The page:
Wall For Additional Support

Discussion in 'Carpentry and Woodworking' started by coachdan, Mar 28, 2011.

  1. Mar 28, 2011 #1

    coachdan

    coachdan

    coachdan

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    We had a new house built approx. 1 year ago and the builder used manufactured trusses in the floor. We have a spot that runs parallel to a wall between our MBR and our Greatroom that had some excessive bounce. The builder came back in and added some additional support in attempt to help and it has, but still not to my satisfaction.

    My thought was to add a wall directly beneath it in our unfinished basement. We would really like to keep the floorplan open and I am looking for a way to accomplish both. I don't have much experience, so I want to use you more experienced builders as a sounding board. I am thinking that I could gain some additional support if I bonded 2 or 3 2x12's together (glue and nails/screws) to form a sturdy header board to run across the problem area, then build the wall normally beneath it. I would like to have a large walkthrough doorway to allow the area to stay "open" rather than a normal doorway. Would this work the way I need it to or am I going to have to give up my open floorplan?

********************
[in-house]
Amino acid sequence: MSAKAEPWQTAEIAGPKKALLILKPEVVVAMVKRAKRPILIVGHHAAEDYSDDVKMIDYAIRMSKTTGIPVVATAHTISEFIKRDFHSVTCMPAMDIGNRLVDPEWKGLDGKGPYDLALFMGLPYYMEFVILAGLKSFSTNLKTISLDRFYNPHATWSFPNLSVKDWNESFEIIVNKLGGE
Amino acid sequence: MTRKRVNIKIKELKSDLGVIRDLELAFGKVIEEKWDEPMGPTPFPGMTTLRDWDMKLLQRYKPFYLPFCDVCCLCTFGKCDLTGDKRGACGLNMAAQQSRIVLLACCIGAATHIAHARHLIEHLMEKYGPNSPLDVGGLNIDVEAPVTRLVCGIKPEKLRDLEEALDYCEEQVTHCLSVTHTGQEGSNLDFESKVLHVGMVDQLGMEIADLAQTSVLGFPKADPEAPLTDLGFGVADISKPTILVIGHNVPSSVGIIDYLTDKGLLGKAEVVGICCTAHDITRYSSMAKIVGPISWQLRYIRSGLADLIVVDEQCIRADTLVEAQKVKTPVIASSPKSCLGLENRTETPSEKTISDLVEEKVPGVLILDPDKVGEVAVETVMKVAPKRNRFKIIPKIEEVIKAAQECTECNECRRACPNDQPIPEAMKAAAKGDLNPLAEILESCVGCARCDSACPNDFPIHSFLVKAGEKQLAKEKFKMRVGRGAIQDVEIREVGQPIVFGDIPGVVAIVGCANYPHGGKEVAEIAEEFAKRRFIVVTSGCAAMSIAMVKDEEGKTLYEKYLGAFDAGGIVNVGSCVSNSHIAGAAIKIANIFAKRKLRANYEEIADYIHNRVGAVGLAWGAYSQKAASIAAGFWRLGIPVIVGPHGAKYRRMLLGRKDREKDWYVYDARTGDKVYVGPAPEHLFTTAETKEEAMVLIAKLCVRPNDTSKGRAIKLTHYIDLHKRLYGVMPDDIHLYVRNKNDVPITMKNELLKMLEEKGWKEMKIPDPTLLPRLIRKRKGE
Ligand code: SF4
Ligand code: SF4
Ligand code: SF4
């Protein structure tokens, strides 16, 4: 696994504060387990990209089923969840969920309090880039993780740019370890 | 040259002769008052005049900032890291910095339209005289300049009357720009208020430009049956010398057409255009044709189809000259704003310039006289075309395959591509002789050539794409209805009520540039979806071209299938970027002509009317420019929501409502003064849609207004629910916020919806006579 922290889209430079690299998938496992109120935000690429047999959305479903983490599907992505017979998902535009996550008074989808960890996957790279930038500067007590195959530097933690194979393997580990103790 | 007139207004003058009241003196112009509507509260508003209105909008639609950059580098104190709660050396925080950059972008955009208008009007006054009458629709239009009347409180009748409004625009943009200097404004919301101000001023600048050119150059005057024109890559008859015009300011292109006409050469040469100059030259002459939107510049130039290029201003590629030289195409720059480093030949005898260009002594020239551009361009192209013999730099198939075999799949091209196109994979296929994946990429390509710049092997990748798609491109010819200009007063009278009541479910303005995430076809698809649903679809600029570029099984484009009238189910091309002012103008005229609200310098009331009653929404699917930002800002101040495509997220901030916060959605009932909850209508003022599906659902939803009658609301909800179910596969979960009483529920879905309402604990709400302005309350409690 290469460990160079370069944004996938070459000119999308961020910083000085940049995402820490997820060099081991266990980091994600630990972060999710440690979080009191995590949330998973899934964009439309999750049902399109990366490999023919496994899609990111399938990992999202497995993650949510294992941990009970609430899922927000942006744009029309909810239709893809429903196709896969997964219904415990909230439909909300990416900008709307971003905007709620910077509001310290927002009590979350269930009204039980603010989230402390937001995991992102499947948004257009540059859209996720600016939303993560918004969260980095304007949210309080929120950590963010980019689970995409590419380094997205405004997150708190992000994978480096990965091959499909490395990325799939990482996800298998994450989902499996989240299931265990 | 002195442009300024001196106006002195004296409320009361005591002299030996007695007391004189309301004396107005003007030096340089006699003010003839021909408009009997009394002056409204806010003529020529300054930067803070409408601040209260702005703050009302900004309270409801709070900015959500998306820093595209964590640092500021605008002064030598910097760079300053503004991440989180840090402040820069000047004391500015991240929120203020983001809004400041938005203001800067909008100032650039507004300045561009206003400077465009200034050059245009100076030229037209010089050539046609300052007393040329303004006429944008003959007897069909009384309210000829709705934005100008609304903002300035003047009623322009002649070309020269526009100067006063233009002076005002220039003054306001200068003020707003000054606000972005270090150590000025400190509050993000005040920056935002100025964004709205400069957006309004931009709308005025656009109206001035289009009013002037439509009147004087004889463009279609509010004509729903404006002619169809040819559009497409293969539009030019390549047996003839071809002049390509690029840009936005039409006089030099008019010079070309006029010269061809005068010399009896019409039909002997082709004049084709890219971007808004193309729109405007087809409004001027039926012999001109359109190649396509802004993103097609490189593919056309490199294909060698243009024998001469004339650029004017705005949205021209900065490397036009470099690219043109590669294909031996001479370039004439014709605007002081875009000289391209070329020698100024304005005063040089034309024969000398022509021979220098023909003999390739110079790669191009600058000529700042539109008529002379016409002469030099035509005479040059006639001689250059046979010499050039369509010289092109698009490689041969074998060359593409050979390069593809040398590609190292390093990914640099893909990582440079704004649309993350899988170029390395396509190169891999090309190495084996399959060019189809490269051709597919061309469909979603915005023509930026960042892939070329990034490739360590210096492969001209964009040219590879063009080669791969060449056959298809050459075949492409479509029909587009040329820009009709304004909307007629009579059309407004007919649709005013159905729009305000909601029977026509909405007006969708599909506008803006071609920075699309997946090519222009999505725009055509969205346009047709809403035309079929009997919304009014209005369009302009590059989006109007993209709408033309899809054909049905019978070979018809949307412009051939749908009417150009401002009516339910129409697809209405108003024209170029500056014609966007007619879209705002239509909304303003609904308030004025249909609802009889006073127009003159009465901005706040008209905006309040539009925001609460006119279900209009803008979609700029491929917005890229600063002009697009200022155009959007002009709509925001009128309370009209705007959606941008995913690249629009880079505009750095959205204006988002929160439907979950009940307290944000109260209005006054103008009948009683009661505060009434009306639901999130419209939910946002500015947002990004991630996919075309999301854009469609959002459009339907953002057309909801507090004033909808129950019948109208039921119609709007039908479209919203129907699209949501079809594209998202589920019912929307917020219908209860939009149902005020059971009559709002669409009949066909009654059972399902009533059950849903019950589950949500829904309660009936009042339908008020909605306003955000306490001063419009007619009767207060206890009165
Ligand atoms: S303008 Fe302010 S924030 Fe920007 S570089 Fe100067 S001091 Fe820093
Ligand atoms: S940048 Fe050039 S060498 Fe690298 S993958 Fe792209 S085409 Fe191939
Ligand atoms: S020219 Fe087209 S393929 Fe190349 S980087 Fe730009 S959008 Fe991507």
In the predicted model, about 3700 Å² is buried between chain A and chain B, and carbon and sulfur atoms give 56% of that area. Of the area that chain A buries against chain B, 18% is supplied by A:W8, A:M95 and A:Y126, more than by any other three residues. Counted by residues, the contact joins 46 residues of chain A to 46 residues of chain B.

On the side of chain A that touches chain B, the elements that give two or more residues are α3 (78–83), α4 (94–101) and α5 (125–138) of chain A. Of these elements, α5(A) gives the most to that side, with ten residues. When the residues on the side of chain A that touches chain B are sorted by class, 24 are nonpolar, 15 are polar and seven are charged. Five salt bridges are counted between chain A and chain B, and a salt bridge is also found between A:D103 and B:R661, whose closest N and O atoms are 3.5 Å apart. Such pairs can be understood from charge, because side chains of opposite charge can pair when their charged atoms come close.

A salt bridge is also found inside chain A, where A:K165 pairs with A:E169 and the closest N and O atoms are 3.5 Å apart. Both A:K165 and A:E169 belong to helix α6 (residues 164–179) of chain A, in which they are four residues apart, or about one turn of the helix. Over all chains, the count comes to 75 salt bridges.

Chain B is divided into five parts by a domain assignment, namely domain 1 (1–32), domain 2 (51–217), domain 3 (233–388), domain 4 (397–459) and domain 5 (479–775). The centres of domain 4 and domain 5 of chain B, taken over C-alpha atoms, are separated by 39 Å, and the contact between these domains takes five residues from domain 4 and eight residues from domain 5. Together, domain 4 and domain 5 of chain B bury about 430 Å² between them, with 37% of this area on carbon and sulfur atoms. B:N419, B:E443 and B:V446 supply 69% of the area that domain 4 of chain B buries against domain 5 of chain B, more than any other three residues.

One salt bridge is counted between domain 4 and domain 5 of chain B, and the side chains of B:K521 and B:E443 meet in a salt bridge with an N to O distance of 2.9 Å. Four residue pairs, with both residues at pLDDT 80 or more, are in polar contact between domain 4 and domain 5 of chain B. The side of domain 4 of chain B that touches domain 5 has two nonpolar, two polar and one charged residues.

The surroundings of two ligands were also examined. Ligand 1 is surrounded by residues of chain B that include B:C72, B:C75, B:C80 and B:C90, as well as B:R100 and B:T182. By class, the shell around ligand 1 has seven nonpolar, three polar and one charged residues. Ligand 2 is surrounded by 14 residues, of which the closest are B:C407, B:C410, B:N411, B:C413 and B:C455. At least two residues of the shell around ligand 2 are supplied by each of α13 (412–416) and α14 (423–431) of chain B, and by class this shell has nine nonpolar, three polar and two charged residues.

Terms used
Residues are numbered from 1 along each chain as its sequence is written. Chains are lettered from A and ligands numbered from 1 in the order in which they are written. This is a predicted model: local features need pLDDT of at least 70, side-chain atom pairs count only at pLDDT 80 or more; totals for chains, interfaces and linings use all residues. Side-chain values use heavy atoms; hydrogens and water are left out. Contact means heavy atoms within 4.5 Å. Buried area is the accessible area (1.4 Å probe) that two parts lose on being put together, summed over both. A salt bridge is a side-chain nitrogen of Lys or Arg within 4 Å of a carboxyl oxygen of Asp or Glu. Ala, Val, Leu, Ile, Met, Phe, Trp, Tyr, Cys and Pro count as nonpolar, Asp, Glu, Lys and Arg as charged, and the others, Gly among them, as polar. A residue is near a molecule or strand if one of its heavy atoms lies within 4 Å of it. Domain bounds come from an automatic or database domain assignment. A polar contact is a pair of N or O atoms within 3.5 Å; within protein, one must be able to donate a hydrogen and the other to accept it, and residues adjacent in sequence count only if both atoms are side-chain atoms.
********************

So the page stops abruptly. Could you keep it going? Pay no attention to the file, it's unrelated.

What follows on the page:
2. Mar 28, 2011 #2

    nealtw

    nealtw

    nealtw

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    You did not indicate how long the spans is. Did the builder put solid blocking or something between the trusses every 6 ft or so to stop the movement. Blocking would go all they way across in the basement. The concrete floor below was not intented for a bearing wall but if you are just taking out the bounce, what you have discribed should work fine. Build a wall on each side and leave about 10 feet for your beam and support that with 2 studs on each end.
     
  3. Mar 29, 2011 #3

    coachdan

    coachdan

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    Thx for your reply. The span where the issue resides is probably around 15 feet. The builder took another of the manufactured truses and used it to cut pieces to insert between the trusses. They did not run the entire length of the basement, but rather only in the opposite direction of the floor joists (trusses) in the problem area.

    My solution is really only an attempt to improve the bounce.
     
  4. Mar 30, 2011 #4

    nealtw

    nealtw

    nealtw

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    I would start by blocking with 2x4 blocks tightly fited between the bottom of the trusses.
    I would do this in two runs from side to side. This blocking will spead the load across all the trusses.
    If this dosn't do the job I think I would go back to your beem idea or just a short wall on each side of the room and move his blocking on top of the ends of your walls still leaving you 10ft of clear opening
     

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